Denverites know Roxborough State Park as their nearest Garden of the Gods. Jutting from a treasured 4,000 acres, these rugged, sandstone marvels are amazing to behold up close.
And they’re amazing to behold from up above. That’s the allure of the hike to the park’s highest point, Carpenter Peak.
Rangers list the trip as “strenuous,” and it very well might be depending on your fitness level. But the trail is by no means reserved for the fittest of the fit. It steadily rises, though never harshly, alternating between hillsides with wide open views and tranquil forests before the panoramic summit.
The trailhead directly across from the visitor center marks Carpenter Peak as 3.1 miles out. Start through the oak, passing slanting outcrops and imposing piles along the way.
Throughout the trip, signs keep you on the right path to the peak. It splits right in a stream-fed meadow, where wildflowers pop in the summer and butterflies dance.
Before a mile in, the trail crests at an overlook to the left, where the colorful valley is on full display. The Denver skyline looms beyond, Chatfield Reservoir shimmers in the near distance, and the geologic spine rolls northwest, out toward Red Rocks Amphitheatre.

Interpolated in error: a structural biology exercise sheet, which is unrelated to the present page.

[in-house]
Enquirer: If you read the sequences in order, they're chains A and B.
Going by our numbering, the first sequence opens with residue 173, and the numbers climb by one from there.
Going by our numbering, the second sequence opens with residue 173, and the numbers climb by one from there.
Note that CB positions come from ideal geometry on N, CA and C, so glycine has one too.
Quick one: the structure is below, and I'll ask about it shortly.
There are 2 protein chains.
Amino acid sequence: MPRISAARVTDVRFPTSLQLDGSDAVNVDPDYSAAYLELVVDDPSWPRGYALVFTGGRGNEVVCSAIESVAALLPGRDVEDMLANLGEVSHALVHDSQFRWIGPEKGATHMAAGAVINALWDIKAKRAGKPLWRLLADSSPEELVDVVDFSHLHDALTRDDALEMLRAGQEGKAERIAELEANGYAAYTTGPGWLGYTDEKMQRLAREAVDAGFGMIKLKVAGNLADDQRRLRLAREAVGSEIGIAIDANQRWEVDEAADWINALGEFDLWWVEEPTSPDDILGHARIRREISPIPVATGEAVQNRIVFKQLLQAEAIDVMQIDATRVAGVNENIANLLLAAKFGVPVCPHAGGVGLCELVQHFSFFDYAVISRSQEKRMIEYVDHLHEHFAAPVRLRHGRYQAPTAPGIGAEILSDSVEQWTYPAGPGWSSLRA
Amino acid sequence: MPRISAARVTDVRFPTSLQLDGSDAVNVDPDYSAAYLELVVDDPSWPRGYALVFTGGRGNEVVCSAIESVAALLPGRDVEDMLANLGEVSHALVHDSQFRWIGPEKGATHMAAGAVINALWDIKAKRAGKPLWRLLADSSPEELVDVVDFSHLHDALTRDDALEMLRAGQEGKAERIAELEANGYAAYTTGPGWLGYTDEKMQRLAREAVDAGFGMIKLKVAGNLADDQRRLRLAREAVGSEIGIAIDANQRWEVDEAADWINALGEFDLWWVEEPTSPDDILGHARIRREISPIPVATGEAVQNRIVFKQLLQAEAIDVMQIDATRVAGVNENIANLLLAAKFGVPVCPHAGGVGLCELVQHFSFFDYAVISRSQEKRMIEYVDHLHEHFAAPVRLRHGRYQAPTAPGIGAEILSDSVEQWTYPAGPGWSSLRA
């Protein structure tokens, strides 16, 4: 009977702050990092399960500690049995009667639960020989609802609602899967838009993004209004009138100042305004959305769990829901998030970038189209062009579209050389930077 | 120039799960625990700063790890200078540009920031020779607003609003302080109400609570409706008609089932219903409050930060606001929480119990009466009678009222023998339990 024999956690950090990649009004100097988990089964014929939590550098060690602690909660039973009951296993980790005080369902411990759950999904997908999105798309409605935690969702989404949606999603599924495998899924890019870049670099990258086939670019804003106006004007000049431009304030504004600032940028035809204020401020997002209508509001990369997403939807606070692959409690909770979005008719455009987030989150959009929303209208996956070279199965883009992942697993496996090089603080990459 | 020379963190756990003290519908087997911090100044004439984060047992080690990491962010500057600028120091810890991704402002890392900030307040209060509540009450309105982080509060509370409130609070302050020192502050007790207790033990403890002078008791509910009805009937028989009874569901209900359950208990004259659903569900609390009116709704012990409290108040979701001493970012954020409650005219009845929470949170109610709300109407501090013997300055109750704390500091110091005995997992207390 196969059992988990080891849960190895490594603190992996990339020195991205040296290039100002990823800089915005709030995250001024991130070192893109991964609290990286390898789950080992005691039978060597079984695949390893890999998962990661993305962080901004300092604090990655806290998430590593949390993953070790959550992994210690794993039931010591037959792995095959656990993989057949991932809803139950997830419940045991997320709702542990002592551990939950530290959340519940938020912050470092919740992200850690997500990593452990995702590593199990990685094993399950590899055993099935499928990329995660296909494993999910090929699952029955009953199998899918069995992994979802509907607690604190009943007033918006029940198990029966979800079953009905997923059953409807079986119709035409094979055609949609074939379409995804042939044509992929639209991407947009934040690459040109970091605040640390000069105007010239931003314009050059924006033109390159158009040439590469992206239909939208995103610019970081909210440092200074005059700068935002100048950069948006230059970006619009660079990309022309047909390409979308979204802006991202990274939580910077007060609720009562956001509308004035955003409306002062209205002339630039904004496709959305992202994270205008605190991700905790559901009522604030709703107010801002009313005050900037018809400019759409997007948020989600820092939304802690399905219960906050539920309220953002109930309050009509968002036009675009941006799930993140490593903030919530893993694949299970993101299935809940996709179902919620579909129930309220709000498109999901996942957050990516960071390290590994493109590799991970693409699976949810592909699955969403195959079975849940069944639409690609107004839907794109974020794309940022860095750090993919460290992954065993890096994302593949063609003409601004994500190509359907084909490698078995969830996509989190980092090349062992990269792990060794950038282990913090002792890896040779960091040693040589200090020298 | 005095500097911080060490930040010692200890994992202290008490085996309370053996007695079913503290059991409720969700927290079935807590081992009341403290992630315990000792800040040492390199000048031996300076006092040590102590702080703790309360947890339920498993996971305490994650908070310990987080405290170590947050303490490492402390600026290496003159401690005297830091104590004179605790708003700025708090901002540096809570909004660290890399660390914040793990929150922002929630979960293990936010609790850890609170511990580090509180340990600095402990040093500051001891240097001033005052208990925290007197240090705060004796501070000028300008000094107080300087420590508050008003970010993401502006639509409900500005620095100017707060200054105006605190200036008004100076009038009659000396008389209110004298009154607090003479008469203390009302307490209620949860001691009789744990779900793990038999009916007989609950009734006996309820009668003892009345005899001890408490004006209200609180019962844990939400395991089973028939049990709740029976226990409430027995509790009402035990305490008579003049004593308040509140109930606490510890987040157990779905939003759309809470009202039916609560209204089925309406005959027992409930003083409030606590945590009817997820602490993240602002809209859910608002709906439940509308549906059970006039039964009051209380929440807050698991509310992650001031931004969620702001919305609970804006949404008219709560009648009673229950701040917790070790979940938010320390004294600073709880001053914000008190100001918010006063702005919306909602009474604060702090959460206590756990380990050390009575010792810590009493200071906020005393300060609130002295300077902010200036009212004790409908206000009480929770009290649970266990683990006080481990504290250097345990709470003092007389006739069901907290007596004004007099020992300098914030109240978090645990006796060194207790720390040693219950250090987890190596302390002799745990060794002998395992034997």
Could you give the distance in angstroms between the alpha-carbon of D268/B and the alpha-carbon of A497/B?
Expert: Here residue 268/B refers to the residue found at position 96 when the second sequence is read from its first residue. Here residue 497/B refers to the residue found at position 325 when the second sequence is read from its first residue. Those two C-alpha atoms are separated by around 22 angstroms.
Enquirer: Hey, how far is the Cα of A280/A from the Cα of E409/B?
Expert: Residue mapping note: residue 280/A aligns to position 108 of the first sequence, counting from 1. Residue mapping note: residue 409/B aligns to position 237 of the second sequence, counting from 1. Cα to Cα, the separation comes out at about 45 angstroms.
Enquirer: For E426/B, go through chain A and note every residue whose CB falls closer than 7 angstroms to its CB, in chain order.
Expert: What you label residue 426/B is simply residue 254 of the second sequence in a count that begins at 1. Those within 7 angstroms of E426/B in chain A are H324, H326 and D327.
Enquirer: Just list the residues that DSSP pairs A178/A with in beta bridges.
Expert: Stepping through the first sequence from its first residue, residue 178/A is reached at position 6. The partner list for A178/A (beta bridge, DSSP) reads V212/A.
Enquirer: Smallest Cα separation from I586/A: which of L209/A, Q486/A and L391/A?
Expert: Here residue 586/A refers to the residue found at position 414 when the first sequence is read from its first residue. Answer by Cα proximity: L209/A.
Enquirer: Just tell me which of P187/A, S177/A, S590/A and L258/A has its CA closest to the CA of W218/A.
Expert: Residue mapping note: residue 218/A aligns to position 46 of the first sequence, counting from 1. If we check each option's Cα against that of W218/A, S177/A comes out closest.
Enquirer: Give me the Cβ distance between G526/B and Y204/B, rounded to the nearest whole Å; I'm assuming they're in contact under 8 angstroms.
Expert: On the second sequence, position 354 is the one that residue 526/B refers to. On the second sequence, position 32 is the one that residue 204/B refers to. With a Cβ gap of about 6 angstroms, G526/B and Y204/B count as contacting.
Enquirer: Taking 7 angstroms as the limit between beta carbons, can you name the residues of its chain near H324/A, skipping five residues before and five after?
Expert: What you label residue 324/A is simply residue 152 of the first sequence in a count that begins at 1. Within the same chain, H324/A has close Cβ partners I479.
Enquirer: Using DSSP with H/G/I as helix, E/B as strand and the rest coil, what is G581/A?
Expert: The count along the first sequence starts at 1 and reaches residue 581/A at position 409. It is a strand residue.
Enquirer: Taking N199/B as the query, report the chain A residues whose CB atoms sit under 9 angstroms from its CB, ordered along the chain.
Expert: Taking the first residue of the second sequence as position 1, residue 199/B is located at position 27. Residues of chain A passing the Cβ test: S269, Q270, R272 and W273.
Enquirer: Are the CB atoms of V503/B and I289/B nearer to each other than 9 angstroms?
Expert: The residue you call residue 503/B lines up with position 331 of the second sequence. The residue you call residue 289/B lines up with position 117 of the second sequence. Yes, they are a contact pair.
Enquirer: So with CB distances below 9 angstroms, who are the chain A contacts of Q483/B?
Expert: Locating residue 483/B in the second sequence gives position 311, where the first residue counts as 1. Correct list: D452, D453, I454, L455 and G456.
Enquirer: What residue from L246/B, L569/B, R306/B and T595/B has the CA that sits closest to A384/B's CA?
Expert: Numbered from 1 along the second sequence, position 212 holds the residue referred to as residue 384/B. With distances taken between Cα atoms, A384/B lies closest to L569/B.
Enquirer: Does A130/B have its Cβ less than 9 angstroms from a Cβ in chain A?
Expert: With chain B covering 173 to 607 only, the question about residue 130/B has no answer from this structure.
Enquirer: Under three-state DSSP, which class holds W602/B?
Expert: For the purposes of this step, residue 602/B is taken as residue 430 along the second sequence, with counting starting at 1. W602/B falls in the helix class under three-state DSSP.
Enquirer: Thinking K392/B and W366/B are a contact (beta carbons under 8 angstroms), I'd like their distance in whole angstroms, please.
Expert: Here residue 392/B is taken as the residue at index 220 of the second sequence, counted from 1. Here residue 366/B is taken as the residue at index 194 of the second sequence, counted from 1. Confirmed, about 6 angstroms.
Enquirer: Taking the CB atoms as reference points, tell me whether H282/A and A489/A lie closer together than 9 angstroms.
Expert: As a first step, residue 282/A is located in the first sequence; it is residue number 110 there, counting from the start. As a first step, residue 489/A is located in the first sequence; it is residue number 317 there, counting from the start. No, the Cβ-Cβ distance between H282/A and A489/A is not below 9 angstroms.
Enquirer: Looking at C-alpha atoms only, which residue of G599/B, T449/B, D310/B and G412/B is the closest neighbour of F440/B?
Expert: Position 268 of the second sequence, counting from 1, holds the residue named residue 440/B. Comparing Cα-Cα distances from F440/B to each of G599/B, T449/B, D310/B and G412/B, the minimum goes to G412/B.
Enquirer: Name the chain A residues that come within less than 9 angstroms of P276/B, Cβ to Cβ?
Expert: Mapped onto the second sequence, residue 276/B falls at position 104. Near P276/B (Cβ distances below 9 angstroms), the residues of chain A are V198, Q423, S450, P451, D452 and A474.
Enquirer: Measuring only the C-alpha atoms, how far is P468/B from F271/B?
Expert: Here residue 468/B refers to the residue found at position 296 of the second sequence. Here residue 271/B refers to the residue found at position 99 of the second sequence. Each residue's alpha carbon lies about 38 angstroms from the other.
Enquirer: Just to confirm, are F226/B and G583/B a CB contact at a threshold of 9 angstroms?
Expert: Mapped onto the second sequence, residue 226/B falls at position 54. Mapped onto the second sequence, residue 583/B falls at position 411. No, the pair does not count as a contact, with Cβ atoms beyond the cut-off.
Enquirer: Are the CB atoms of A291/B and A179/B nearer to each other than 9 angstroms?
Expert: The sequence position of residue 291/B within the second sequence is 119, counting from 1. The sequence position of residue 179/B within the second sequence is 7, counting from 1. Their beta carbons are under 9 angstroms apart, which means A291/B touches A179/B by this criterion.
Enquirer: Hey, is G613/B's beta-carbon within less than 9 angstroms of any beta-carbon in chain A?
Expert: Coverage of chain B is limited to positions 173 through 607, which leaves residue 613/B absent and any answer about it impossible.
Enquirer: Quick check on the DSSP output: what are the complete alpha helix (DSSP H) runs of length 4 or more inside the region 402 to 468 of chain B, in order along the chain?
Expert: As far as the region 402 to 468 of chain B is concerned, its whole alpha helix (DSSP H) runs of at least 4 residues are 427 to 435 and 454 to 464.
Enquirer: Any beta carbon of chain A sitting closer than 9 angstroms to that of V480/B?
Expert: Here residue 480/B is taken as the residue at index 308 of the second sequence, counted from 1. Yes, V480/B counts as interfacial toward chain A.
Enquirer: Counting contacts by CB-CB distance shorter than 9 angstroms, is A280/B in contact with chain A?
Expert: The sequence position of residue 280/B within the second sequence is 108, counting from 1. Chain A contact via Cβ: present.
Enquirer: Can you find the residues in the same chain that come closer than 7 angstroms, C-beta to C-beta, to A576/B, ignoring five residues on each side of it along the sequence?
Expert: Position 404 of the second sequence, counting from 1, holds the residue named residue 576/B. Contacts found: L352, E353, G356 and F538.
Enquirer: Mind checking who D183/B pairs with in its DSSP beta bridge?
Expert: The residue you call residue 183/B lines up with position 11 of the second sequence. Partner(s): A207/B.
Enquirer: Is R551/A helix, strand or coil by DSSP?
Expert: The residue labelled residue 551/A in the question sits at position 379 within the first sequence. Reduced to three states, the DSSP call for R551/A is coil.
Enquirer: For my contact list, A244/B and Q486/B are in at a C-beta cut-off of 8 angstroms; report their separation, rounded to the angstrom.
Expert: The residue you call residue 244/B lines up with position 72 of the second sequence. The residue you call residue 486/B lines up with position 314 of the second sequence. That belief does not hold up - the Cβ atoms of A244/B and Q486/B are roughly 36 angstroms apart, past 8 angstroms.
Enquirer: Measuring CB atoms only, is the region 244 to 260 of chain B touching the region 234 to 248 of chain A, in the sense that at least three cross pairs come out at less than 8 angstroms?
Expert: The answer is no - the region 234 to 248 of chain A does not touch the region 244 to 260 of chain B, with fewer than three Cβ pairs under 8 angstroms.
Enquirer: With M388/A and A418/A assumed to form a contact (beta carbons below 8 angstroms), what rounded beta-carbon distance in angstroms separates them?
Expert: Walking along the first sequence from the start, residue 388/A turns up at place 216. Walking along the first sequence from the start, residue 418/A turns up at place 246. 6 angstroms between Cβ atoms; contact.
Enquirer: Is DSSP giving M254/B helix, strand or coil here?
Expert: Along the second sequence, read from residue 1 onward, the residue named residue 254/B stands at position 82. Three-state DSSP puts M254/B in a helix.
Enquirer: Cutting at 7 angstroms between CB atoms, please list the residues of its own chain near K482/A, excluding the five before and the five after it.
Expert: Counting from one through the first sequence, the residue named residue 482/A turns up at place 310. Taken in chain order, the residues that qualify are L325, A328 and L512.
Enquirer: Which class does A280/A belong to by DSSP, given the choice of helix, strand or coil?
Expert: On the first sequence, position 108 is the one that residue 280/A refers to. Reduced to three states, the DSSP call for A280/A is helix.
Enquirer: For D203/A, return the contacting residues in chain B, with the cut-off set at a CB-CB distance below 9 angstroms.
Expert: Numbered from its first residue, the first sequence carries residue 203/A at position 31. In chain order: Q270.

The trail thins and scampers over rocks on the subtle ascent. With every switchback, you’ll feel eye level with the eastern horizon.
After 2 miles, the vistas shift to the west, to the coniferous slopes of Pike National Forest. Carpenter Peak is a rocky promontory affording sweeping views of that forest, along with snow-capped Longs Peak and that green and red landscape from which you came.
Carpenter Peak, Roxborough State Park
Trip report: 6.3 miles round trip (out and back), 1,184 feet elevation gain, 7,153 feet feet max
Getting there: 4751 E. Roxborough Drive, Roxborough 80152
FYI: Day pass $9 per vehicle. Hiking only. No pets. No camping. Be aware of poison ivy along trails. Parking fills on summer weekends; best to try before 9 a.m. or after 2 p.m.
Editor’s note: In response to COVID-19, Gov. Jared Polis has encouraged Coloradans to recreate within 10 miles of their homes.